The race to create 'insect cyborgs'
Why make tiny flying drones when you can fly real insects by remote-control? It could lead to a neuroscience revolution, explains Emily Anthes in an excerpt from her new book Frankenstein's Cat
Military developing robot-insect cyborgs
The military and spy world no doubt would love tiny, live camera-wielding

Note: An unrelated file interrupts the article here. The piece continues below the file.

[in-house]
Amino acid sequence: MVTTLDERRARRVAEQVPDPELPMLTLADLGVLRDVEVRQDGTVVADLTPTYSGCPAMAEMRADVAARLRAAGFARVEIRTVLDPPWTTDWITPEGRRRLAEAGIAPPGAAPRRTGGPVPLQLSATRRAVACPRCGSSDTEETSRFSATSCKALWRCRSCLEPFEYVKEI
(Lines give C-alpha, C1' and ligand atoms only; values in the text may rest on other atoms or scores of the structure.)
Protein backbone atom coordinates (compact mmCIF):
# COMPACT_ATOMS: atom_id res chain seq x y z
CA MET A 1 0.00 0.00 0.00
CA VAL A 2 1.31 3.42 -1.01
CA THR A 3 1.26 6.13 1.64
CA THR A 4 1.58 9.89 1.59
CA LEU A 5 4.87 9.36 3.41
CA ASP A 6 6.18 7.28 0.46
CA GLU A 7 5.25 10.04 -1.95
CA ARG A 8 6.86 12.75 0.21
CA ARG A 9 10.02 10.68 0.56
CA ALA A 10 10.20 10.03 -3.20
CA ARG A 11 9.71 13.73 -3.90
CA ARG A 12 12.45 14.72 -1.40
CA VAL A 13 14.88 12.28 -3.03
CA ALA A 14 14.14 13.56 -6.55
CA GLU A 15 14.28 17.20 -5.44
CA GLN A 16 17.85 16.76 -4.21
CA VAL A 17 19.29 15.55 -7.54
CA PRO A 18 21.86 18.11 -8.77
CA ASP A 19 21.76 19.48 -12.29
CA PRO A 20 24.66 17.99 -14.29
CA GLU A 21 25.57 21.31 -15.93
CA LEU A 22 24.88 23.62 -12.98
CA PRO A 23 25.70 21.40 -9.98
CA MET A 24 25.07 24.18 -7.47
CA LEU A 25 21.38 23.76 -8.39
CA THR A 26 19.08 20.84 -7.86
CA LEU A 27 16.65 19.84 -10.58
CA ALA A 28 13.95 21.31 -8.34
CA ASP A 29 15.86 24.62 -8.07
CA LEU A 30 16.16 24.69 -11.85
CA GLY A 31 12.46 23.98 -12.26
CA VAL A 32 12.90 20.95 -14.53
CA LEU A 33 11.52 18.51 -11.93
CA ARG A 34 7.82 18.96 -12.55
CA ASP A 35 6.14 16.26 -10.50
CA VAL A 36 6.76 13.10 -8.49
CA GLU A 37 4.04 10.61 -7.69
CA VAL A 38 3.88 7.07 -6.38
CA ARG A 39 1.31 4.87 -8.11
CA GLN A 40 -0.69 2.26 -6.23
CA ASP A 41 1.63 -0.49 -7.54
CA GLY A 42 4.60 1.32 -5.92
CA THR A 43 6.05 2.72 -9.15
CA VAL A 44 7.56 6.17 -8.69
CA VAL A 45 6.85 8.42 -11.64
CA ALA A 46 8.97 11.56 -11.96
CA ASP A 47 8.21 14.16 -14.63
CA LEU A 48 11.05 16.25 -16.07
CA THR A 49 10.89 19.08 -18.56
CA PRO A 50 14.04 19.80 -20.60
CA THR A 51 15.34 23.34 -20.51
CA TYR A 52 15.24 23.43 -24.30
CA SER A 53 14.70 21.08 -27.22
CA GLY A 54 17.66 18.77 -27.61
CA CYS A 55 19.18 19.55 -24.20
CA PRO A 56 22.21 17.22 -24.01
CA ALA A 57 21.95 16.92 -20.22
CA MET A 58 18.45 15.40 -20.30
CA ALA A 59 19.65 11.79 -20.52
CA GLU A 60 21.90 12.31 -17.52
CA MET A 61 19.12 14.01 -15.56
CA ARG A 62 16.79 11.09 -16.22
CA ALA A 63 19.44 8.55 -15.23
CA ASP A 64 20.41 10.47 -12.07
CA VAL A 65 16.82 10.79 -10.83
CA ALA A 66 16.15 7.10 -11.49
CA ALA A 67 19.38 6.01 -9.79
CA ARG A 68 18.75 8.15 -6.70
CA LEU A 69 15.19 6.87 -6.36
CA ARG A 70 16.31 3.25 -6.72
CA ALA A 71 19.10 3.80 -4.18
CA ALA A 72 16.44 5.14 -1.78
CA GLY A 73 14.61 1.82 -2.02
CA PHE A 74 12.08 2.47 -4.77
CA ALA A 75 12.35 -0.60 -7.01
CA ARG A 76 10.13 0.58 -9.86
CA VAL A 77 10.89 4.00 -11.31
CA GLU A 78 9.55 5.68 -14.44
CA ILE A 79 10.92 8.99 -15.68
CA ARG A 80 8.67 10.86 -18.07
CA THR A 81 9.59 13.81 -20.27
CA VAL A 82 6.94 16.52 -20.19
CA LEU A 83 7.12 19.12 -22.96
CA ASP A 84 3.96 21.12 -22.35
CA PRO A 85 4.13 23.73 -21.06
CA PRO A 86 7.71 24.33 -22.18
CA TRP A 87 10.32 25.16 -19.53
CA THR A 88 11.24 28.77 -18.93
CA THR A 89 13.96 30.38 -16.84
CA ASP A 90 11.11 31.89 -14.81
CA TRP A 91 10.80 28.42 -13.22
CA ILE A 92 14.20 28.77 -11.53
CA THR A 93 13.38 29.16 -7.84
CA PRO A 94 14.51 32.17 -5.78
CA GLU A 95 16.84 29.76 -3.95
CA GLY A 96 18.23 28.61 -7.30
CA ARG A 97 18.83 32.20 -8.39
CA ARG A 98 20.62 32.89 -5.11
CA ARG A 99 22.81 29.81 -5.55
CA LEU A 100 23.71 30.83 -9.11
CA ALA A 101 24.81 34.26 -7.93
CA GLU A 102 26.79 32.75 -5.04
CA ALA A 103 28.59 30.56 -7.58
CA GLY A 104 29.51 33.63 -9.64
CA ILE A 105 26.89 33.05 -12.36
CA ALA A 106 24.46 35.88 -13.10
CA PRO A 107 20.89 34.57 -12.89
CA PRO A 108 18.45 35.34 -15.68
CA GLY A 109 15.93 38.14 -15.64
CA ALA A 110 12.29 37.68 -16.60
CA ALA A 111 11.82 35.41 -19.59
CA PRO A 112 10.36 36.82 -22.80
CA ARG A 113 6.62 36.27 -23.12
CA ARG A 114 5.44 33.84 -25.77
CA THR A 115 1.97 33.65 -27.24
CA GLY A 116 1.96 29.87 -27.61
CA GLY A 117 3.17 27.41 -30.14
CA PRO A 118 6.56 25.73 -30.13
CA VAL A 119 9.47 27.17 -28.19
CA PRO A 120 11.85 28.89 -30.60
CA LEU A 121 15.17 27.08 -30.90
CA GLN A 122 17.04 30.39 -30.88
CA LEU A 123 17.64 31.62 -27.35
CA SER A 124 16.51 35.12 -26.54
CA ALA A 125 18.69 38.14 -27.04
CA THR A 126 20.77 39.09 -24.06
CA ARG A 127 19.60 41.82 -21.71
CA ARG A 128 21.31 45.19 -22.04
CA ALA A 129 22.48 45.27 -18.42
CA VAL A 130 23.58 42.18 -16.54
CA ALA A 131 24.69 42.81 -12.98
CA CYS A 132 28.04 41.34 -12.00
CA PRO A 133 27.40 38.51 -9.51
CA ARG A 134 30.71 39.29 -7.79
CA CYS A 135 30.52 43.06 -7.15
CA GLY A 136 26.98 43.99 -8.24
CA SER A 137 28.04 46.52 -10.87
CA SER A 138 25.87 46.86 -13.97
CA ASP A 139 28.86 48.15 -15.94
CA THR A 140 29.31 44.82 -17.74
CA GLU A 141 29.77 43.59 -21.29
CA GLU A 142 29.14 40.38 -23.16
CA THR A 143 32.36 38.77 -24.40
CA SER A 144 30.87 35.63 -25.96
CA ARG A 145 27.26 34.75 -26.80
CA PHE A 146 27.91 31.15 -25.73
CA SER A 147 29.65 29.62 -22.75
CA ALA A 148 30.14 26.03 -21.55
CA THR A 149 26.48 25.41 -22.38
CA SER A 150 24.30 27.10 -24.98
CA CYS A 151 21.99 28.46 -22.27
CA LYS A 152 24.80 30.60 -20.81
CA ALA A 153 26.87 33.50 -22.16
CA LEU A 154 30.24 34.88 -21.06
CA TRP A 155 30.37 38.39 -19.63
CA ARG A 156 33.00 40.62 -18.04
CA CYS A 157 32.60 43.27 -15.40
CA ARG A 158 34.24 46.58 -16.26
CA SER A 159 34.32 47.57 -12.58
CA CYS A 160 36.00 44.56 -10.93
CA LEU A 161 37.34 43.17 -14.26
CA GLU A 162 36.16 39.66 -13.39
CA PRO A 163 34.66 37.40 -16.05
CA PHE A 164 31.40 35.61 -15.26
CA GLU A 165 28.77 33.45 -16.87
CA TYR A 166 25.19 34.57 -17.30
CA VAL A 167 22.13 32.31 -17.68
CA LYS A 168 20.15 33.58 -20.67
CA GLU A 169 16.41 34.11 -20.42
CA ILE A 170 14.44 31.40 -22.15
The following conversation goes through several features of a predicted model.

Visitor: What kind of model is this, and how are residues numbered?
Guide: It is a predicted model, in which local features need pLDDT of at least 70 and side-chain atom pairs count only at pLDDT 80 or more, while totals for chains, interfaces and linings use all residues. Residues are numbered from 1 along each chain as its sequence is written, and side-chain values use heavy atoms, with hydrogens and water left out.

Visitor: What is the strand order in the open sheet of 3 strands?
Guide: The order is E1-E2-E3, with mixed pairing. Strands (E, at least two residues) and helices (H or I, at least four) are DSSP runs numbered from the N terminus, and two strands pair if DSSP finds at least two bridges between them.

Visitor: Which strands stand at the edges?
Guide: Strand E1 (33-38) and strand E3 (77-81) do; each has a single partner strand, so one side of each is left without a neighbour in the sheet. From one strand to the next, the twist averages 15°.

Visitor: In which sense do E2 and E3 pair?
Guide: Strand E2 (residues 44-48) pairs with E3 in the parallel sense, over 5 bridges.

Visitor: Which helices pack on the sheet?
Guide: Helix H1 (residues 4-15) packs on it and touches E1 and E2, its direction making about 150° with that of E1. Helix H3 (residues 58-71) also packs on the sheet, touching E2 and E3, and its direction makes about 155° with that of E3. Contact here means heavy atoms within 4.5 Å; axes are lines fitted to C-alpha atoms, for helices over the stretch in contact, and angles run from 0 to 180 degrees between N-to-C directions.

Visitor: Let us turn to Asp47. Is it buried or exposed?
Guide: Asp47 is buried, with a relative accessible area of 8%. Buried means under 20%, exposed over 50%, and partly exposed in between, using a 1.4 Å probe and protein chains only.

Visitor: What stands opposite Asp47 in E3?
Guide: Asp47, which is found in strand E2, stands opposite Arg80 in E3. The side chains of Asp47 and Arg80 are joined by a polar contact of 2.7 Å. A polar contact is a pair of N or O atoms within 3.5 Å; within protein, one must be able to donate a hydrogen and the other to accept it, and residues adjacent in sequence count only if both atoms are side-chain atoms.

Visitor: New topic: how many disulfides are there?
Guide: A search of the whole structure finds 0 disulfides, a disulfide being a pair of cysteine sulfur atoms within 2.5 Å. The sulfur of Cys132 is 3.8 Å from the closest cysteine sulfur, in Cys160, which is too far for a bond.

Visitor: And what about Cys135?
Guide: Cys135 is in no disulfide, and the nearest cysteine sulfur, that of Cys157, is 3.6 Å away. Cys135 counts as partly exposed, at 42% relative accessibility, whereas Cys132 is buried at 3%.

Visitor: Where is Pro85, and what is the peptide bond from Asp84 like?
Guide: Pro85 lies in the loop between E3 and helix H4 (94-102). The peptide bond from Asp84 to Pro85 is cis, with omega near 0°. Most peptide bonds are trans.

versions of Predator drones that could fly undetected into places where no human could ever go to snoop on the enemy. Developing such robots has proven a challenge so far, with one major hurdle being inventing an energy source for the droids that is both low weight and high power. Still, evidence that such machines are possible is ample in nature in the form of insects, which convert biological energy into flight.
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